In one preferred embodiment, the biasing mechanism includes a sliding plate. The plate is capable of movement along a portion of the length of the head rail and is attached to an end of the head rail by a spring. The suspension cord is guided around a roller on the sliding plate. When the suspension cord is drawn by a user, the cord is pulled through the suspension cord control mechanism, thereby raising the top portion of the light blocking element towards the head rail. The force on the suspension cord exerted by the user also causes the plate to slide away from the end of the head rail, thereby loading or tensioning the spring. When the cord is released, the arresting mechanism moves into engagement with the cord to secure its relative position. In addition, the potential energy stored in the spring is released as the spring contracts to its natural state, causing the plate to slide back and pull the suspension cord, further raise the light blocking element towards the head rail.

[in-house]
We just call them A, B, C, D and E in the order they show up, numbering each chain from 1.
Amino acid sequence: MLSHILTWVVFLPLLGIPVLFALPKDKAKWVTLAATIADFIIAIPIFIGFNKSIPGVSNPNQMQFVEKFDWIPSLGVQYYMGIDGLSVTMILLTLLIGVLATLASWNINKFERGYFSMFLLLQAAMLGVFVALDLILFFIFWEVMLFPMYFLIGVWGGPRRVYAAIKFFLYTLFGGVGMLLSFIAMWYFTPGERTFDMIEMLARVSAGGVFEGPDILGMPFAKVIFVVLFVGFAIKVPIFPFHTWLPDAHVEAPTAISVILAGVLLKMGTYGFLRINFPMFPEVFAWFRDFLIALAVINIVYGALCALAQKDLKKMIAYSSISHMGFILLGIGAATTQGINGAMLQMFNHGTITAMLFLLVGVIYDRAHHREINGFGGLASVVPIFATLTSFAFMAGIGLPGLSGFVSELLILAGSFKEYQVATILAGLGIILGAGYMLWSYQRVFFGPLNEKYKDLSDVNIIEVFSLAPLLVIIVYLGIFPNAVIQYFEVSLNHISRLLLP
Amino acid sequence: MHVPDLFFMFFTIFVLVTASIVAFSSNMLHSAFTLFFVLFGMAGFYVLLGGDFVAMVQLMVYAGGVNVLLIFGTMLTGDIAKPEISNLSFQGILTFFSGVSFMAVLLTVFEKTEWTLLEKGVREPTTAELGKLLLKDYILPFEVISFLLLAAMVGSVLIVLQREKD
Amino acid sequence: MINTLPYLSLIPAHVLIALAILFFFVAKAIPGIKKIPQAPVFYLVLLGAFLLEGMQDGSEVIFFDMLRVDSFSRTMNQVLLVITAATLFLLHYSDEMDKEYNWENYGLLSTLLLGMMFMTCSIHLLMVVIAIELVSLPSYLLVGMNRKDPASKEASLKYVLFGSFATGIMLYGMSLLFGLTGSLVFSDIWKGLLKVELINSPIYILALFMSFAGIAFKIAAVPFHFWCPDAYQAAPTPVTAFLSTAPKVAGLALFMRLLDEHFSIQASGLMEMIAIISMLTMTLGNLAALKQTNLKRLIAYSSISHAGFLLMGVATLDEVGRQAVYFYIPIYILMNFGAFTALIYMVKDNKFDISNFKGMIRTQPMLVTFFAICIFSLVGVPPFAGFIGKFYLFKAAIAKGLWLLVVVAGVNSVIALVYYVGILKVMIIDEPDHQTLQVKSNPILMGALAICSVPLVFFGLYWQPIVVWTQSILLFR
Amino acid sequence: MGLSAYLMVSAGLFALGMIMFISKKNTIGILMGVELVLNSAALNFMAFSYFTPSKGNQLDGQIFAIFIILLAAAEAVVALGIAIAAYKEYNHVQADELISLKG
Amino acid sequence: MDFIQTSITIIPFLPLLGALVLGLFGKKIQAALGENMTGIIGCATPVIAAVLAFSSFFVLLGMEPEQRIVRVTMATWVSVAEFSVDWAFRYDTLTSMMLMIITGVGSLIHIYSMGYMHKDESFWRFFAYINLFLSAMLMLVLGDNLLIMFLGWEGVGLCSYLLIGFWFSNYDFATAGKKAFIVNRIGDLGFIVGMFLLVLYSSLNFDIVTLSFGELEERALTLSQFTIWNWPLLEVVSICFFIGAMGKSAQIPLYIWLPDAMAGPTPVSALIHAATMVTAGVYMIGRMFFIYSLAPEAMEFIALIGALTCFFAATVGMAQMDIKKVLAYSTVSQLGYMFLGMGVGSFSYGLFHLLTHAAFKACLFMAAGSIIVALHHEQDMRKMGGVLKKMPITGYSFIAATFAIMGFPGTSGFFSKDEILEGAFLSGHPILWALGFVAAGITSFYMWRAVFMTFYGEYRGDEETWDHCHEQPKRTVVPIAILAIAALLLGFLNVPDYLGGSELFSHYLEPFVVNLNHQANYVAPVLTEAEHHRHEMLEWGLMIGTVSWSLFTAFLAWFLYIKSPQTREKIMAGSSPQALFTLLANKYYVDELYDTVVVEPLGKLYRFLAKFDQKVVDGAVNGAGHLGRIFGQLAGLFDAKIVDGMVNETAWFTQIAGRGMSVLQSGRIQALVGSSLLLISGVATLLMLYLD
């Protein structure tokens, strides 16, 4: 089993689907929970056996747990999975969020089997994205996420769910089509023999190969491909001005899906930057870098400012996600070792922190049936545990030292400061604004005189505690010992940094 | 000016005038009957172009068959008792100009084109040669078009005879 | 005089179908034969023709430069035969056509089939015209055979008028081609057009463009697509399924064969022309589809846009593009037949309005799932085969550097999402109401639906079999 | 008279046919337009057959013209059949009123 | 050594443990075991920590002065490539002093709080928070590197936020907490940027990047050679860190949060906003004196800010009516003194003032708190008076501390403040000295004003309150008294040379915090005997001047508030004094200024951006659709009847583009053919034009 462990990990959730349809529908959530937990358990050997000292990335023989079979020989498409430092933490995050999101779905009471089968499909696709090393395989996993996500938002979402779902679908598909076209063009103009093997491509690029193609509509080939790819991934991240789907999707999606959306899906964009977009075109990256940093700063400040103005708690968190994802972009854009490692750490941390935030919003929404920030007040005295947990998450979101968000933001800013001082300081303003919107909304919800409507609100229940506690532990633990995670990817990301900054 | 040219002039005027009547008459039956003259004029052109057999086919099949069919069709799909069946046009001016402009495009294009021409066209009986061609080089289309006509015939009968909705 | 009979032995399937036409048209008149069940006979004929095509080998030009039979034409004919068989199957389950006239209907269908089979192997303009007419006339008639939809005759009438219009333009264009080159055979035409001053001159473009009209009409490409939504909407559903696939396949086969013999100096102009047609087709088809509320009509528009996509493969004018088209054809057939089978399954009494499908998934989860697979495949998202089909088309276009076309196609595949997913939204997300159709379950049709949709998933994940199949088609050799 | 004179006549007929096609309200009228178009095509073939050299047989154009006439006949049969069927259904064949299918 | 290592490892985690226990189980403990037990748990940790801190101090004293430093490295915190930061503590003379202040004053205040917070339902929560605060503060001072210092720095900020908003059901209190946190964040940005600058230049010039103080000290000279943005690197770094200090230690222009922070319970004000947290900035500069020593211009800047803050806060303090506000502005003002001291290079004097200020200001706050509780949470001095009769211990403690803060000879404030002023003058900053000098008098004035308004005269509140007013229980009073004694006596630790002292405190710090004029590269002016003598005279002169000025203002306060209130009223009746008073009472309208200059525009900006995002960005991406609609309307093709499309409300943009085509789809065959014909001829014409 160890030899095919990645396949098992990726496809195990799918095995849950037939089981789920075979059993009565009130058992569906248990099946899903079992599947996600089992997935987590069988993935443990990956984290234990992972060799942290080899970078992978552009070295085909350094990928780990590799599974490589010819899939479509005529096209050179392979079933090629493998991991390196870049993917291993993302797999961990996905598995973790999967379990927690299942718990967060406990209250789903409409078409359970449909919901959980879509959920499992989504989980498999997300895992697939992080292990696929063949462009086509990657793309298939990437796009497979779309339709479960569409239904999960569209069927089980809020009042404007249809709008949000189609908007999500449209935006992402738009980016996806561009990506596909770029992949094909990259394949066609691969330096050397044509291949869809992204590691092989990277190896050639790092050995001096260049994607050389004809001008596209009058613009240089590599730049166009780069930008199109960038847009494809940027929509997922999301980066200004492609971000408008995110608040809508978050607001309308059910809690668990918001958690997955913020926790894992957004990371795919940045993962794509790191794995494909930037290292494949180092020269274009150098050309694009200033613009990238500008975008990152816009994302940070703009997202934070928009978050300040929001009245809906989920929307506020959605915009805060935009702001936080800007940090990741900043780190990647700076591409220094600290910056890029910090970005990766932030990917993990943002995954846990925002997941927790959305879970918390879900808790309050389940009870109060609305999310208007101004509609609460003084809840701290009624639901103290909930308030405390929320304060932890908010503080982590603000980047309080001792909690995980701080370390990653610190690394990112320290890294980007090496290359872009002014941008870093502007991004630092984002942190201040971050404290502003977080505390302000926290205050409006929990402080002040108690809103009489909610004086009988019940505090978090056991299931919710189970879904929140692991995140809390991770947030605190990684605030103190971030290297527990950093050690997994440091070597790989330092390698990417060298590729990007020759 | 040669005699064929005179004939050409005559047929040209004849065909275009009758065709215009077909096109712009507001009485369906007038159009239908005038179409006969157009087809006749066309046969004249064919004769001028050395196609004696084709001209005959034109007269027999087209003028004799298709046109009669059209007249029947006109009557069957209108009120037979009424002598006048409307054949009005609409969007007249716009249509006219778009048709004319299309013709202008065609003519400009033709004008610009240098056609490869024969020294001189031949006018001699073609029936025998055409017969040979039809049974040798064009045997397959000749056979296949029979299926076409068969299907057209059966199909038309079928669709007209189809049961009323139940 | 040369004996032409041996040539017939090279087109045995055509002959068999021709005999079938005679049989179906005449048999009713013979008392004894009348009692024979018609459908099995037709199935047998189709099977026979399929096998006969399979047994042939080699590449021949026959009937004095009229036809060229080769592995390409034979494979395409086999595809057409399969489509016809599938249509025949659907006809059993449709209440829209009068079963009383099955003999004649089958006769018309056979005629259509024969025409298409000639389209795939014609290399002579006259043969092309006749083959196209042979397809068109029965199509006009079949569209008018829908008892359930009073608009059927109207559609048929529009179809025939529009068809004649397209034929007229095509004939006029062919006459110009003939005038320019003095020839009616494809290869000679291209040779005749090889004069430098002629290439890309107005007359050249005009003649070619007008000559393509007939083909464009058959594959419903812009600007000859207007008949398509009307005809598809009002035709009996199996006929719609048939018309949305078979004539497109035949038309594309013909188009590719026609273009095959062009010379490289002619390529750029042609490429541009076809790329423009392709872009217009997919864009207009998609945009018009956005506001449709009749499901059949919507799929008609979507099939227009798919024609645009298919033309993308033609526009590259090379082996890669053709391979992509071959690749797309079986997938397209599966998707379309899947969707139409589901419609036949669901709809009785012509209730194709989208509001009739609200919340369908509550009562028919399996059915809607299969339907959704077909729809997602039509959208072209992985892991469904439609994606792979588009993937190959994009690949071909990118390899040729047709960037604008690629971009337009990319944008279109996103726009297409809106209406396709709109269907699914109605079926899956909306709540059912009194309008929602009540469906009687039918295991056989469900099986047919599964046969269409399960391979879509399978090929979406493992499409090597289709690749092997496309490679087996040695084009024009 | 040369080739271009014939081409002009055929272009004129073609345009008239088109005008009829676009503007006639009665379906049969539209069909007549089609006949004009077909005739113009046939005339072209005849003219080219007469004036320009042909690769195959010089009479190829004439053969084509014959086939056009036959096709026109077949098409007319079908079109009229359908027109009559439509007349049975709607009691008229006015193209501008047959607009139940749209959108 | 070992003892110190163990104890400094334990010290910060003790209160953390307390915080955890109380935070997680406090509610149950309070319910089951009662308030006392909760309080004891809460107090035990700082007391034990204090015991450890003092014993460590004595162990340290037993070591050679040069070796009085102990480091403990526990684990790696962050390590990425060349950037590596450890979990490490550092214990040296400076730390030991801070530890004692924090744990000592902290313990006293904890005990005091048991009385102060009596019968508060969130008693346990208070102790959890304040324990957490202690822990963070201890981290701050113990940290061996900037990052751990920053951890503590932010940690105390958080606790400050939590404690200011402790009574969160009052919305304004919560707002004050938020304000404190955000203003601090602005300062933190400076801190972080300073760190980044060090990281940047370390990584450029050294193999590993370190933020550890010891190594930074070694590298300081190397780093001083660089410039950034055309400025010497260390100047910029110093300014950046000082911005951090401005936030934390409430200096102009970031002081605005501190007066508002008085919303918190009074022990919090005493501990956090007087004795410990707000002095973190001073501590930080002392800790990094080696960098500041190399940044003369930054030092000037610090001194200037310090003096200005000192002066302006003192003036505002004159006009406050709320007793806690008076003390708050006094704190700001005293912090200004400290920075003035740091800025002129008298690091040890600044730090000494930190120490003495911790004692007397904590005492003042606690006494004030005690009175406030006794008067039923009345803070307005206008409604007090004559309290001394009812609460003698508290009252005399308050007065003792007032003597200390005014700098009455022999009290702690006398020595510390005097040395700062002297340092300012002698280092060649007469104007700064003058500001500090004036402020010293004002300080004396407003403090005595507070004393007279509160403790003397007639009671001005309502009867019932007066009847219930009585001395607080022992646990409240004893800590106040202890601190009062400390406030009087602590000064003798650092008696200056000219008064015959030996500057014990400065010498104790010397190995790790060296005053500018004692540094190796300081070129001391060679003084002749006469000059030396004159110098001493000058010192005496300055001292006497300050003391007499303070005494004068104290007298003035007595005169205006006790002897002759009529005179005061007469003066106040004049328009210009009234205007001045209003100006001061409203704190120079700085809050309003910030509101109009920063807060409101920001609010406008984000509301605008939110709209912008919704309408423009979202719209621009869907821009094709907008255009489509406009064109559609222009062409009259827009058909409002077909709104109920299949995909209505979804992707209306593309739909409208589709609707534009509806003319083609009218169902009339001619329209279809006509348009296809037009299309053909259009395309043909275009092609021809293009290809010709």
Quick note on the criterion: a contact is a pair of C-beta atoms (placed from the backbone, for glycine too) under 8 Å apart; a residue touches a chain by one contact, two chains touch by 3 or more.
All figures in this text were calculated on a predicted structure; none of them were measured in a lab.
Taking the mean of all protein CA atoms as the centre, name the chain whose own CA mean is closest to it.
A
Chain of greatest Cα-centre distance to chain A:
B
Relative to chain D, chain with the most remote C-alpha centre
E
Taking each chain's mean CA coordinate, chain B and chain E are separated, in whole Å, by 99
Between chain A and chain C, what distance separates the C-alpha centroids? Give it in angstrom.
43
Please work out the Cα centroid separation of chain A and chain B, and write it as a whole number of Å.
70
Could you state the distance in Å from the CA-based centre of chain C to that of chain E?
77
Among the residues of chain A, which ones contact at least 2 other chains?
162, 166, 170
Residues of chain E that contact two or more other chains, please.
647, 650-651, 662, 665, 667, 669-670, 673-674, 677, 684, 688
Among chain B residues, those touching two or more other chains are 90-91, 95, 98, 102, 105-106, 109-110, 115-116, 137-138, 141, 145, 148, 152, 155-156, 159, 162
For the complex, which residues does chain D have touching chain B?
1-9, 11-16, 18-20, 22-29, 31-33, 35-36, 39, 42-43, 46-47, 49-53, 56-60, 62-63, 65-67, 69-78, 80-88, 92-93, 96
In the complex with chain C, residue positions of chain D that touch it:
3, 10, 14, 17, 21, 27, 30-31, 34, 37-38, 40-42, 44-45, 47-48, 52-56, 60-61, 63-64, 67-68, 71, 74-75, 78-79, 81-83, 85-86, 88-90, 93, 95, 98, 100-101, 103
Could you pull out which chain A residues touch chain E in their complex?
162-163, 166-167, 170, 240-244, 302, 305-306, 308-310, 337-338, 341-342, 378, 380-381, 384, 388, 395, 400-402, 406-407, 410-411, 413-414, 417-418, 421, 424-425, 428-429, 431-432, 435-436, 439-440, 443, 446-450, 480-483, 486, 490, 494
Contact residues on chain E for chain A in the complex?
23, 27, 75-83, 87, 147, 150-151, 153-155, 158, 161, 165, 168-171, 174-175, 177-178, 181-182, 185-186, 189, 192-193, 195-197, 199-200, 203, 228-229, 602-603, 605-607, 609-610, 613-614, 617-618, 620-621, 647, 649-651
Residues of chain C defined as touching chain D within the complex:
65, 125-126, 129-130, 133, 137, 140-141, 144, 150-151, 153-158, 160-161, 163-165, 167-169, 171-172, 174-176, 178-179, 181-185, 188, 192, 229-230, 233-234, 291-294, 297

In an alternate preferred embodiment, the biasing mechanism comprises a pivoting bar with spools around which the suspension cord is engaged. In its natural position, the bar is perpendicular to the suspension cord. When the suspension cord is drawn, the bar pivots to a position substantially parallel to the length of the head rail thereby compressing a coil spring secured with the bar. As the user releases the suspension cord, the spring unloads and reverts to its natural position causing the pivoting bar to rotate to its position perpendicular to the suspension cord. The movement of the pivoting bar causes the suspension cord to retract such that the light blocking element is further urged towards the head rail.